From the election of Rep. Alexandria Ocasio-Cortez (D-NY) to the rise of the youth-led Sunrise Movement, young Americans are injecting a strong dose of energy into the climate and environmental movements.

But unlike the saying from the 1960s “not to trust anyone over 30,” today’s young leaders do not intend to ignore the valuable work that’s already been done by environmental groups and green-minded politicians over the last several decades.

The youthful backers of the current form of a Green New Deal — a proposal designed to shift the U.S. away from fossil fuels and toward green energy, while making sure workers are treated fairly — have proven themselves to be open to learning from their elders about similar proposals from the past.

“The good news is that we’re not starting from scratch,” Rep.-elect Alexandria Ocasio-Cortez said Monday night at a climate town hall on Capitol Hill hosted by Sen. Bernie Sanders (I-VT). ”There’s a lot of legislation that has been drafted to already start addressing some of these smaller issues. … But it needs to be consolidated and brought under the tent of a Green New Deal.”

She cited the work of Sen. Ed Markey (D-MA), who served as chairman of the Select Committee on Energy Independence and Global Warming in the late 2000s when he was a member of the House. Markey announced his support of the Green New Deal on Monday.

Given the dire warnings from climate scientists, Ocasio-Cortez said, the economic changes must be done in a sweeping fashion. When policymakers “try to solve this issue piecemeal, we’re not going to get it solved in time,” she explained. “That’s why we’re asking for this really great ambitious singular plan.”

Drawing from past labor and environmental leaders, Ocasio-Cortez also emphasized a move to a sustainable future must be done in a just fashion.

“When we talk about transition, we talk about just transitions. Transitions to renewable energy that also provide justice to all communities that are impacted,” she said at the climate town hall. “Whether they are people that need to leave their homes on the shores of Puerto Rico, whether they are coal miners that feel like they’re maybe transitioned out of a job, we need to have a just transition.”

There have been attempts to bridge the gap between environmental groups and labor unions. For example, the 1999 World Trade Organization protests in Seattle featured “Turtles and Teamsters” coming together to oppose corporate-managed globalization.

The BlueGreen Alliance was created by the Sierra Club and other groups in 2006 to unite large labor unions and environmental groups in a more lasting manner, with the goal of addressing environmental challenges while maintaining quality jobs.

Forty years ago, influential union leader Tony Mazzocchi, a top official with the Oil, Chemical and Atomic Workers International Union (OCAW), was one of the first to champion a just transition for workers to a clean environment.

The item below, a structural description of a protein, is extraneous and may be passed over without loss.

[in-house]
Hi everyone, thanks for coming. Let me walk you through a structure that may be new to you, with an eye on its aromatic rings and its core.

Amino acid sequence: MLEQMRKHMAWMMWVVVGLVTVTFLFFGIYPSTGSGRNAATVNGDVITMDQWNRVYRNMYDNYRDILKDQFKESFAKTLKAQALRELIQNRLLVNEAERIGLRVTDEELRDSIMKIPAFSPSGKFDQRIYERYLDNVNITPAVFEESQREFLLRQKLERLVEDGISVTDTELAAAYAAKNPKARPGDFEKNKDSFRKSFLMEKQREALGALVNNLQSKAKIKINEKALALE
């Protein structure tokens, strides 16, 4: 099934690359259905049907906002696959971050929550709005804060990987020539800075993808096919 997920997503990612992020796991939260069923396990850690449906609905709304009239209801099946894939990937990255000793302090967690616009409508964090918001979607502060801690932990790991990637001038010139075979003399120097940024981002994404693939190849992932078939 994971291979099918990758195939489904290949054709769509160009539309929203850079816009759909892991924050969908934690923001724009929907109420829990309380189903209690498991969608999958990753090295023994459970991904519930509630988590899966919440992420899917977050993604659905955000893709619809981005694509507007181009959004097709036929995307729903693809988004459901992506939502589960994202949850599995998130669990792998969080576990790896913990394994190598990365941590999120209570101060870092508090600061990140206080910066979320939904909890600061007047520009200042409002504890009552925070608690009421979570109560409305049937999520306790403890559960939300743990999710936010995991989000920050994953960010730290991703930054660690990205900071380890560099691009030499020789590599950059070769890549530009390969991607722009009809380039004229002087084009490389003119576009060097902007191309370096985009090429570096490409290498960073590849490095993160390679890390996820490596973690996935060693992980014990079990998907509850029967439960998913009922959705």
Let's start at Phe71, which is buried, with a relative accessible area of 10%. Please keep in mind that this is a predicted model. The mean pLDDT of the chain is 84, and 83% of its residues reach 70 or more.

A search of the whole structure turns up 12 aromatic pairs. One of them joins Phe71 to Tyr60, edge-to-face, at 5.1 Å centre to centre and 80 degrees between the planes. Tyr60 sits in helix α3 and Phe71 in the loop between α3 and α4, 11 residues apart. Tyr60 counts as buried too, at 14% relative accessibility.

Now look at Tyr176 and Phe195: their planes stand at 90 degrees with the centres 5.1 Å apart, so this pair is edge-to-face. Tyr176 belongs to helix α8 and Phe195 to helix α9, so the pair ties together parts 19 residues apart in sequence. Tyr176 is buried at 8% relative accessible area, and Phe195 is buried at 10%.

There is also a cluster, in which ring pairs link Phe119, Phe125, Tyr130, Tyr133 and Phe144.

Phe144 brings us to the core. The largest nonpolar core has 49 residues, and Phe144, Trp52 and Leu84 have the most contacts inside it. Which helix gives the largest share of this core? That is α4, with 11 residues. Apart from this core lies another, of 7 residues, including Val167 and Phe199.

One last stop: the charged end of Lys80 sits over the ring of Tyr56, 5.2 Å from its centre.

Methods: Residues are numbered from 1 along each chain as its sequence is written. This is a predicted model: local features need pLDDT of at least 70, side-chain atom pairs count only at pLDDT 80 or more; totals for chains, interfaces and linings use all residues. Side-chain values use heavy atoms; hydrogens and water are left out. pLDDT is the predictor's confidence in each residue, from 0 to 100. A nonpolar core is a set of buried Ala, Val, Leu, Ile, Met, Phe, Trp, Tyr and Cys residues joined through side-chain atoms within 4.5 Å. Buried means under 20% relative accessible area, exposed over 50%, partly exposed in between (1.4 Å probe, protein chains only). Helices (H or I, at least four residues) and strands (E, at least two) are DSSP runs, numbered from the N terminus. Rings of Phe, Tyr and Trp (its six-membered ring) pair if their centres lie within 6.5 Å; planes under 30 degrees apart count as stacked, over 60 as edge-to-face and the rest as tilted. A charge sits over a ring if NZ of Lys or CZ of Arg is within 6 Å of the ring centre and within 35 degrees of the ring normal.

In response to concerns about the health and safety of OCAW’s members, Mazzocchi came up with a proposal for a four-year income and benefit guarantee for chemical and atomic workers that they called Superfund for Workers. But environmentalists complained the word “superfund” — better known as a Federal government program oriented around the clean-up of America’s toxic waste sites — had too many negative connotations, so they changed the name to “just transition.”

At the town hall, political commentator and former Obama administration official Van Jones recalled how he tried to a get a Green New Deal implemented during the first term of President Barack Obama’s president but failed. “I think you’re going to get it done,” Jones told Ocasio-Cortez.

As part of the inclusive tenet of the current movement, Ocasio-Cortez quickly corrected Jones: “We’re going to get it done.”

Members of the Sunrise Movement — a youth-led group founded in 2017 — spent the most recent election cycle working on the campaigns of pro-climate and economically progressive candidates — both young and old.

Since the midterms, the group has spent a great deal of time on Capitol Hill lobbying members of Congress to support a Green New Deal and holding lawmakers accountable to their pro-environment campaign promises. A week after the midterms, Ocasio-Cortez joined members of the Sunrise Movement in the office of incoming House Speaker Nancy Pelosi (D-CA) urging her to advocate for aggressive climate legislation.

At the climate town hall, Xiuhtezcatl Martinez, youth director of Earth Guardians, explained that one of their goals is to make it “politically risky” for politicians “to not stand up to the fossil fuel powers.”

Martinez stressed that politicians need to be held accountable if they do not walk the talk. In his home state of Colorado, outgoing Gov. John Hickenlooper (D) and incoming Attorney General Phil Weiser (D) are supporters of oil and gas drilling in the state.

Weiser was endorsed by pro-oil and gas industry Democrat Ken Salazar, who is also a former Colorado attorney general and U.S. senator and was U.S. Secretary of the Interior during President Barack Obama’s first term, where he opened offshore drilling in the Arctic and approved the Gulf drilling projects that caused the BP Deepwater Horizon oil spill.

Too many Colorado politicians who claim to be progressives and who claim to care about climate change, according to Martinez, are “taking massive campaign contributions from the natural gas and oil corporations.”

“For me, it’s been very clear that this isn’t about left or right wing. It’s about politicians that stand up and represent the best interest of our community,” he said.